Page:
After finding out that they have a debt of EUR40.000 with the tax service, four very out-of-shape men working at a car shop start to train for a marathon, in which they can win the money to pay the debt.
Leading up to their 500th match, the late twenty-something members of a Dutch amateur soccer team have their intimate bond put to the test as they each find themselves facing increasing responsibilities off the pitch.
Jean van de Velde
Danny de Munk,
David lives in a neighborhood with "only orderly people" and rich parents. He has been in a relationship with his girlfriend Naomi for a few years. But one day David spots a beautiful black... See full summary »
11 year old Amsterdam schoolboy Ciske, a scamp with a heart of gold, causes havoc in the classroom pouring ink over his teacher. Yet when a polio-crippled boy joins the class Ciske is one ... See full summary »
Danny de Munk,
Willeke van Ammelrooy,
Herman van Veen
In a car shop in Rotterdam, three car mechanics find out that the owner of the car shop, their colleague and boss, has a debt of EUR40.000 with the tax service. After unsuccessfully trying several possible solutions, these four beer drinking and cigarette smoking out-of-shape men ask their fifth colleague, a now physically disabled but also former marathon runner, to train them for a marathon. If they finish it, their debt will be paid, if they don't, they loose the garage.Written by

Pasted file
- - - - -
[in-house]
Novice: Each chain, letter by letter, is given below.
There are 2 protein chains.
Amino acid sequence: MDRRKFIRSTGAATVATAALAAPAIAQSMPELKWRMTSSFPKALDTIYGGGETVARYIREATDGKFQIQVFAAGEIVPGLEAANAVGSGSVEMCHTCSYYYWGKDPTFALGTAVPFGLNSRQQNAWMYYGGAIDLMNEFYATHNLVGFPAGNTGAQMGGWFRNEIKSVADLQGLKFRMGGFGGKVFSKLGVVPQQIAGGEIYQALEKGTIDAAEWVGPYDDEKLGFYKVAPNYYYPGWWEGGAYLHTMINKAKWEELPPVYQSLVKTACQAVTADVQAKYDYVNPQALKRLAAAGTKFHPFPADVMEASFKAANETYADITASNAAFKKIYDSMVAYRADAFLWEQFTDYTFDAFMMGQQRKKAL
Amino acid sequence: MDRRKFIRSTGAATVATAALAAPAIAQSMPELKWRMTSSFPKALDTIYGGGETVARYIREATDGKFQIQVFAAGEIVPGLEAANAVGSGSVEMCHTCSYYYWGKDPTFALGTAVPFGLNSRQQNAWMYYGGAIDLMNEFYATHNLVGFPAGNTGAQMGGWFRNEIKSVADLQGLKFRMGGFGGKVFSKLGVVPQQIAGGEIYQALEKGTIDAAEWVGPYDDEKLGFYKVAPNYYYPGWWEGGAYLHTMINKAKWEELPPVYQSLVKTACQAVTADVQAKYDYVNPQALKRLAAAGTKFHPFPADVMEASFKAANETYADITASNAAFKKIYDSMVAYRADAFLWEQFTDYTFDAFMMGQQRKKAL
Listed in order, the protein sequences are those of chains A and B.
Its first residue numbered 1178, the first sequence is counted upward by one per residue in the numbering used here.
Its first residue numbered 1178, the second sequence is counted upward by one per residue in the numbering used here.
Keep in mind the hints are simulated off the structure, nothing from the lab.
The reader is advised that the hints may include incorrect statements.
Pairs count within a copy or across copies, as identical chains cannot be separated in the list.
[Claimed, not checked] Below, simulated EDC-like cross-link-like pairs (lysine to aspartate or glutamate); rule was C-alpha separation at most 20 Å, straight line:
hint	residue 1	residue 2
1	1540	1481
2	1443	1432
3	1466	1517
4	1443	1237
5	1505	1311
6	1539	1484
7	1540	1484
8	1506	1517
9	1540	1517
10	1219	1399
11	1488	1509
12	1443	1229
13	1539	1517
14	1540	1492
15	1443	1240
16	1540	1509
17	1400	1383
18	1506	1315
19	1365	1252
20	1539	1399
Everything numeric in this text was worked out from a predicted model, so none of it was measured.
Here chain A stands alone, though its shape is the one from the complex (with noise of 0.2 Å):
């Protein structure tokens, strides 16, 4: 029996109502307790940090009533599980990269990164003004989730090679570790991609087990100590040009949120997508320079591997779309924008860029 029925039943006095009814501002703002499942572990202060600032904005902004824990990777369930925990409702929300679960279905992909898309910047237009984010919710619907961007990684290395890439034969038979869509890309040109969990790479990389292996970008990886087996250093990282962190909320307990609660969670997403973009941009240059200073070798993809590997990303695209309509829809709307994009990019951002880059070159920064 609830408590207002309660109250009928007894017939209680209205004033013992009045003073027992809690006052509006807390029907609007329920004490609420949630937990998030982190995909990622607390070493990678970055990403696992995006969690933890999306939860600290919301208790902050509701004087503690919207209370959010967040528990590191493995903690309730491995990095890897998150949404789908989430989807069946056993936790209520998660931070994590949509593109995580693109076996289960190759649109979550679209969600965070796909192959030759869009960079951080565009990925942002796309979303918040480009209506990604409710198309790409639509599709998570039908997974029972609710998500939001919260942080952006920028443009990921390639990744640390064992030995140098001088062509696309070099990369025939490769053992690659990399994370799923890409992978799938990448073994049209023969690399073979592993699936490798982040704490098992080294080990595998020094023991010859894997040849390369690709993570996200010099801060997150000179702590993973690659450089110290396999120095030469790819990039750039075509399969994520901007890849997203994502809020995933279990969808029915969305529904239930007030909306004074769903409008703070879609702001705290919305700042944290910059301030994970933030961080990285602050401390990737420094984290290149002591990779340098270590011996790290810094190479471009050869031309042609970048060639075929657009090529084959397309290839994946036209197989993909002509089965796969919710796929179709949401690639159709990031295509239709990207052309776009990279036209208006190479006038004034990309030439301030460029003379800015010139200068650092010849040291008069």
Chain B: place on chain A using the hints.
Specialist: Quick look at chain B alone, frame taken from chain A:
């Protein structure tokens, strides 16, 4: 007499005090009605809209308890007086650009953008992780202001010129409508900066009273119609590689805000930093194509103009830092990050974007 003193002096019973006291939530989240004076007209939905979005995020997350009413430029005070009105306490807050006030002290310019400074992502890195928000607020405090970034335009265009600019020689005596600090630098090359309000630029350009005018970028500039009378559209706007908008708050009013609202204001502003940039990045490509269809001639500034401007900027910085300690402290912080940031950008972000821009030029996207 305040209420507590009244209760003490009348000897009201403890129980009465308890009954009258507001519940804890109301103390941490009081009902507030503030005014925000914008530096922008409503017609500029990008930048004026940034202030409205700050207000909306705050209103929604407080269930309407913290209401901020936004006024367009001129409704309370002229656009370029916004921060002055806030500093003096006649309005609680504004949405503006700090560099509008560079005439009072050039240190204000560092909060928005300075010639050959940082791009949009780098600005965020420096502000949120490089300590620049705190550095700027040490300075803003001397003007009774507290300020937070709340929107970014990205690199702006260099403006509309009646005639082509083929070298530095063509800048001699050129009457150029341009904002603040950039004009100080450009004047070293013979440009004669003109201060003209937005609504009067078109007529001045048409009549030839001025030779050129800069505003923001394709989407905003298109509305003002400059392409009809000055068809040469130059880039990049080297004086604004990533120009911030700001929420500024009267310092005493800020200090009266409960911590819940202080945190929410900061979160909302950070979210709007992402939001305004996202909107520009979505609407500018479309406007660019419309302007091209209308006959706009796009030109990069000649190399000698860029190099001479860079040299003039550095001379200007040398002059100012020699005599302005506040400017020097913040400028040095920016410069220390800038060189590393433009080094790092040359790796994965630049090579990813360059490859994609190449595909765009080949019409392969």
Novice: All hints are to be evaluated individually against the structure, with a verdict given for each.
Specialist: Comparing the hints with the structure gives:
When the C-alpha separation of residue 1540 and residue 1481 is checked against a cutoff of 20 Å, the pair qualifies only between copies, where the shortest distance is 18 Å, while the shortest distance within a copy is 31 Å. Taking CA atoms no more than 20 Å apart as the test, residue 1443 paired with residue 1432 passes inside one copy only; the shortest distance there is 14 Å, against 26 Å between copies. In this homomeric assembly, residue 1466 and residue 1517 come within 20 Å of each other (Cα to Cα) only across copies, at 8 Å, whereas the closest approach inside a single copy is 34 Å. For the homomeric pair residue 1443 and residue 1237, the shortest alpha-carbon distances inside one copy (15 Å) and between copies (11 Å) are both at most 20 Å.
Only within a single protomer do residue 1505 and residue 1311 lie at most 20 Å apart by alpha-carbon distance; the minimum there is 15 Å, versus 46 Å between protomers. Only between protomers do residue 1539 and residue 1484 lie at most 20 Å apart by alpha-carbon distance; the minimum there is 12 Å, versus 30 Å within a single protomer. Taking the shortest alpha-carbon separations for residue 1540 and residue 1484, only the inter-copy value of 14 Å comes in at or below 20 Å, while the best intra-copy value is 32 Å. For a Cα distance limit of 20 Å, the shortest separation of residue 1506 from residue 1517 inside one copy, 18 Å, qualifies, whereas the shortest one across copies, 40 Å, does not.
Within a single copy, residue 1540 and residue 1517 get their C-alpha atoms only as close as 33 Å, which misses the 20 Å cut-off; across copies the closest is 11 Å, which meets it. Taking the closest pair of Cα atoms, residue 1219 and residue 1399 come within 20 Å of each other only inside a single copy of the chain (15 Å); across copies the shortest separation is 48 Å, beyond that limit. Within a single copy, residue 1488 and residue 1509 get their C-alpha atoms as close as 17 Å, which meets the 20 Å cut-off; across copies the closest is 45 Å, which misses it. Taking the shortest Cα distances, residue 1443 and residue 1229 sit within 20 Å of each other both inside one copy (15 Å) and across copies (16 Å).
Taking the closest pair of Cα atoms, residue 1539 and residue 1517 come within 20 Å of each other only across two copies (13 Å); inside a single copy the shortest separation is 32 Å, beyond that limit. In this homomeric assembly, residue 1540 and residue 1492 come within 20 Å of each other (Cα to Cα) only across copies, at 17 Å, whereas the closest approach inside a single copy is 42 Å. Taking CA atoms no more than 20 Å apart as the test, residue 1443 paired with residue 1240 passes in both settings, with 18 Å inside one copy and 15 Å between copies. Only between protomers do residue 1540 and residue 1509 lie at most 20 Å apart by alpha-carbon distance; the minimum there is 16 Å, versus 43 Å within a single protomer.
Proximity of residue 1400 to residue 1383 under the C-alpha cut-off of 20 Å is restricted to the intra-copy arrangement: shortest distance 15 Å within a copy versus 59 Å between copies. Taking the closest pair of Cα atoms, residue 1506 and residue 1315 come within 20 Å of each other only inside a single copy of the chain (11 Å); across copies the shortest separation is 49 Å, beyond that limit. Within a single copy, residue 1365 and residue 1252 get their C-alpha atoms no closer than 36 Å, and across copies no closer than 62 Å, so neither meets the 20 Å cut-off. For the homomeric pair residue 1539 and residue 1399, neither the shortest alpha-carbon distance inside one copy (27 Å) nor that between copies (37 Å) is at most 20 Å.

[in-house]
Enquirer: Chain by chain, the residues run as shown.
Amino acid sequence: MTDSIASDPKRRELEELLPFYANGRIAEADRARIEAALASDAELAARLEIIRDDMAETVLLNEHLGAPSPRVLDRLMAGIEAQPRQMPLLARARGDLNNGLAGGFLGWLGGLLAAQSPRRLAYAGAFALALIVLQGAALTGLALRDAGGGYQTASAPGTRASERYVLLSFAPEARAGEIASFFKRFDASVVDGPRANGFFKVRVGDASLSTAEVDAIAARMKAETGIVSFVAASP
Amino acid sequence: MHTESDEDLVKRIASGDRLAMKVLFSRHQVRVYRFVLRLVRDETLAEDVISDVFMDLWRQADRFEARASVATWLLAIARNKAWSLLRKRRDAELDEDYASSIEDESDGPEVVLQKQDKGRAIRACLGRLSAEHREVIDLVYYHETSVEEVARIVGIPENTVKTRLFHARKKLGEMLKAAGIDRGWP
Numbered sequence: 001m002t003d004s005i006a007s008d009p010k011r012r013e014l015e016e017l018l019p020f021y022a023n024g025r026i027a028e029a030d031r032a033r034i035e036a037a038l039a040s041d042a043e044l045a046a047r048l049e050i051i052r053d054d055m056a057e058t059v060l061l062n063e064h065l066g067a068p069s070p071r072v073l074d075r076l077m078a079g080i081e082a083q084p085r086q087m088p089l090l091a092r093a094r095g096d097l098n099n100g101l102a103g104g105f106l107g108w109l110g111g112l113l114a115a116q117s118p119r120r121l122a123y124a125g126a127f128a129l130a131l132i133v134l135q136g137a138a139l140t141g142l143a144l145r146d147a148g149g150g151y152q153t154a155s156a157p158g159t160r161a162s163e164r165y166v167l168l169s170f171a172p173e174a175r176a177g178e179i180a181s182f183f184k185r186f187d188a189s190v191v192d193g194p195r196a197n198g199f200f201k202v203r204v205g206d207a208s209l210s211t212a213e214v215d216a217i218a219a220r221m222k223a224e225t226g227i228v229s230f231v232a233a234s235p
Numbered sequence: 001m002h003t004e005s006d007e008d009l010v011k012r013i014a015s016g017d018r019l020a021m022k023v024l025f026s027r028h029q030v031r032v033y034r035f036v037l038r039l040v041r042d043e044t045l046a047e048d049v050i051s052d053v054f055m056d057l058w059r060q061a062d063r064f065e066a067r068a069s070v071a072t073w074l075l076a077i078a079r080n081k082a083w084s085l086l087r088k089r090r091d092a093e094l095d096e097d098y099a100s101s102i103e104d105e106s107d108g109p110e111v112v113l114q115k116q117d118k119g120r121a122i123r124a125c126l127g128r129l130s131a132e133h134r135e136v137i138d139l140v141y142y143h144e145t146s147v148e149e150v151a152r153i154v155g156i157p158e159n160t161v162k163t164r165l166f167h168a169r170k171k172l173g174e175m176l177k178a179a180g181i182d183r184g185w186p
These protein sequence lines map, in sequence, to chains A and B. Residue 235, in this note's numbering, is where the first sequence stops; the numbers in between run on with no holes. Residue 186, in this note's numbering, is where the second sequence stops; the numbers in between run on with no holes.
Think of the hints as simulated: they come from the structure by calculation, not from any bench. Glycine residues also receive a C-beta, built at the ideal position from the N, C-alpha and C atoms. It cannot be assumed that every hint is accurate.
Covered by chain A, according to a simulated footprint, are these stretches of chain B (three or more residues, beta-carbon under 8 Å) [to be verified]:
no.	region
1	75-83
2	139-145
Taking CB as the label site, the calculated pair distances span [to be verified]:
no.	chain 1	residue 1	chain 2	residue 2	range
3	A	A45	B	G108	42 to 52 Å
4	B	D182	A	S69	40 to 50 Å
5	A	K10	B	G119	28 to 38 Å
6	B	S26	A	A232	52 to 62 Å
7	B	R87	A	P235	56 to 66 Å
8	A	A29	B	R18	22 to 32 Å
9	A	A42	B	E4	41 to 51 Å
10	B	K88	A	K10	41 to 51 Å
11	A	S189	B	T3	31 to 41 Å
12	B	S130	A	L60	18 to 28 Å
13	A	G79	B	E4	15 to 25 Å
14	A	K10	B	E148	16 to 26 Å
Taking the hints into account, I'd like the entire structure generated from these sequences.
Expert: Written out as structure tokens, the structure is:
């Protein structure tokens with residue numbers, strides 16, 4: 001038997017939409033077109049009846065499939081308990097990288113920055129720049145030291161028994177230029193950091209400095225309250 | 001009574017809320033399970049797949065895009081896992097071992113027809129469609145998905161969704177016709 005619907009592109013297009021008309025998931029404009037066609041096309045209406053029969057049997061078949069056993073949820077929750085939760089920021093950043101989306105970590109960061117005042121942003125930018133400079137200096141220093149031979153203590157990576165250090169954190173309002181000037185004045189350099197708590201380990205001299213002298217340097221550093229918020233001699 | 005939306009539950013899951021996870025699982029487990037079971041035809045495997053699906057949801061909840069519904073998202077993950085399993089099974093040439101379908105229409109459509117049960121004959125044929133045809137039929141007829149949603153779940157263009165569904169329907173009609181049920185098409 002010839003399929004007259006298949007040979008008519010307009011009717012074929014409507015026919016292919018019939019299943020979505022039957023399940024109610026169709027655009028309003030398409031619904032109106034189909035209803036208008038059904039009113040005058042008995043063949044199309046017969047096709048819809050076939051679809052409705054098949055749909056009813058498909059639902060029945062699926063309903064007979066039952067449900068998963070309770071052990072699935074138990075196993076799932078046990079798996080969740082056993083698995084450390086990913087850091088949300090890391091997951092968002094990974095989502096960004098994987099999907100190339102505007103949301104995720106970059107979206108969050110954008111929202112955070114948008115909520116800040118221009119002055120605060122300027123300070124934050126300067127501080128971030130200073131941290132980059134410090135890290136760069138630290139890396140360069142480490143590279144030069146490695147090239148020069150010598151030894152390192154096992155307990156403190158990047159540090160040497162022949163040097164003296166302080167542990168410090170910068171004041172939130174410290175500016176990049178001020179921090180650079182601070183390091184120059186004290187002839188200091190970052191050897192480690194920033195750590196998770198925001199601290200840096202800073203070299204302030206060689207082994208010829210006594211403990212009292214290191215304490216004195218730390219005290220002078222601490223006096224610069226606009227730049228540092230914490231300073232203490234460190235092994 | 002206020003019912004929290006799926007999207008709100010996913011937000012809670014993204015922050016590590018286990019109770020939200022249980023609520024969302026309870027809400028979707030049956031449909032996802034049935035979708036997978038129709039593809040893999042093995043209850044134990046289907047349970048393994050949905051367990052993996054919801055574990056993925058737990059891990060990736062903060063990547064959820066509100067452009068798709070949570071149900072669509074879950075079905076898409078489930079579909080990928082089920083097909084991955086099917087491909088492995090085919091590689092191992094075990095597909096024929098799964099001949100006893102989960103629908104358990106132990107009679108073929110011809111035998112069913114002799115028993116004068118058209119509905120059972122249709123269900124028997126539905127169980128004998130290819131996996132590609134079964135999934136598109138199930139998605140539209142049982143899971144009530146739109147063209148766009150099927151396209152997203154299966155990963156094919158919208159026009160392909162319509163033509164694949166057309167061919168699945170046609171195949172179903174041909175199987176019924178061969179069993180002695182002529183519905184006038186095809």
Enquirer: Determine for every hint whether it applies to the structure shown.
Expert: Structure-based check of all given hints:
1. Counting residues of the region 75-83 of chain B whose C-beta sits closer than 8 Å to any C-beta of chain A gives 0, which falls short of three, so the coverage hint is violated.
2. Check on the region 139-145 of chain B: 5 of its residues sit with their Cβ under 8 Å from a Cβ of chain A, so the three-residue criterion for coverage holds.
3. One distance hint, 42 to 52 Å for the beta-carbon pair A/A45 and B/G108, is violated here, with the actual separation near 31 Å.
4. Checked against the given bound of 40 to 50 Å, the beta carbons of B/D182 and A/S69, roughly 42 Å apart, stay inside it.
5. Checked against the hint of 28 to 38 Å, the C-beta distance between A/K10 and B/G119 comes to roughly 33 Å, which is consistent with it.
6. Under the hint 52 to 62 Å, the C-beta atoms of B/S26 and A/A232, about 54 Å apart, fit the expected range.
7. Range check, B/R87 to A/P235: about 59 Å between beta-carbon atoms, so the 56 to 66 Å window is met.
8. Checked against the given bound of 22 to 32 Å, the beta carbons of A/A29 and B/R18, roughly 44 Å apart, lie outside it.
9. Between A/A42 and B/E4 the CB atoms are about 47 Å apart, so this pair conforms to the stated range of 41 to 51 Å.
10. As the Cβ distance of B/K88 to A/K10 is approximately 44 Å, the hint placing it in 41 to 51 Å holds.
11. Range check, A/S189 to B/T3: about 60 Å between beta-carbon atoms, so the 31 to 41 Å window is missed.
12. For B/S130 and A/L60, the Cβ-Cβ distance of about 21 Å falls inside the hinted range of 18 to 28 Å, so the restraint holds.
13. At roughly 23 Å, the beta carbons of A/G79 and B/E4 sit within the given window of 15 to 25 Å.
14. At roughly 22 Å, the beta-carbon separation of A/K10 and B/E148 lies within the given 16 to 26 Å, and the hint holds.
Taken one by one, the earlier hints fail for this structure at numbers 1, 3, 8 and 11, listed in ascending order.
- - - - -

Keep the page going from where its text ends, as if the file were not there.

This is a tale of hope and perseverance, with moving and still humorous parts from time to time. It shows the straightforward, human character of ordinary people and succeeds in arousing sympathy for them, despite their regular coarse behavior and talk. Nevertheless, I have some objections. I liked the story and make my compliments to the excellent playing skills of all the main actors and actresses, let me make my point clear here. But I'm strongly annoyed by the obligatory swearing and other decadent expressions that apparently must be inalienable to most Dutch movies, from the late sixties on. Seems like filmmakers always need to proof themselves this way, as if they've got stuck in their puberty. It's such a stultifying effect, especially on our youths that take this for example. And the perpetual downgrading of everything religious from our own soil is all equally imposed; are the Dutch so frustrated and childishly unable to discover the positive side of the church? Why this inevitable mockery and cheap scoring on things holy to others? Mind you, I myself are not religious (that is, not in the common way) and I even unsubscribed from the church I was born into. But I deeply respect all those who make more of their lives by believing in a higher goal, and I strongly disapprove the caricaturing of such people. Moreover, I get bored with it because it's such a trodden path by now in our movies and tele- productions. Come on, can't you do better than that?
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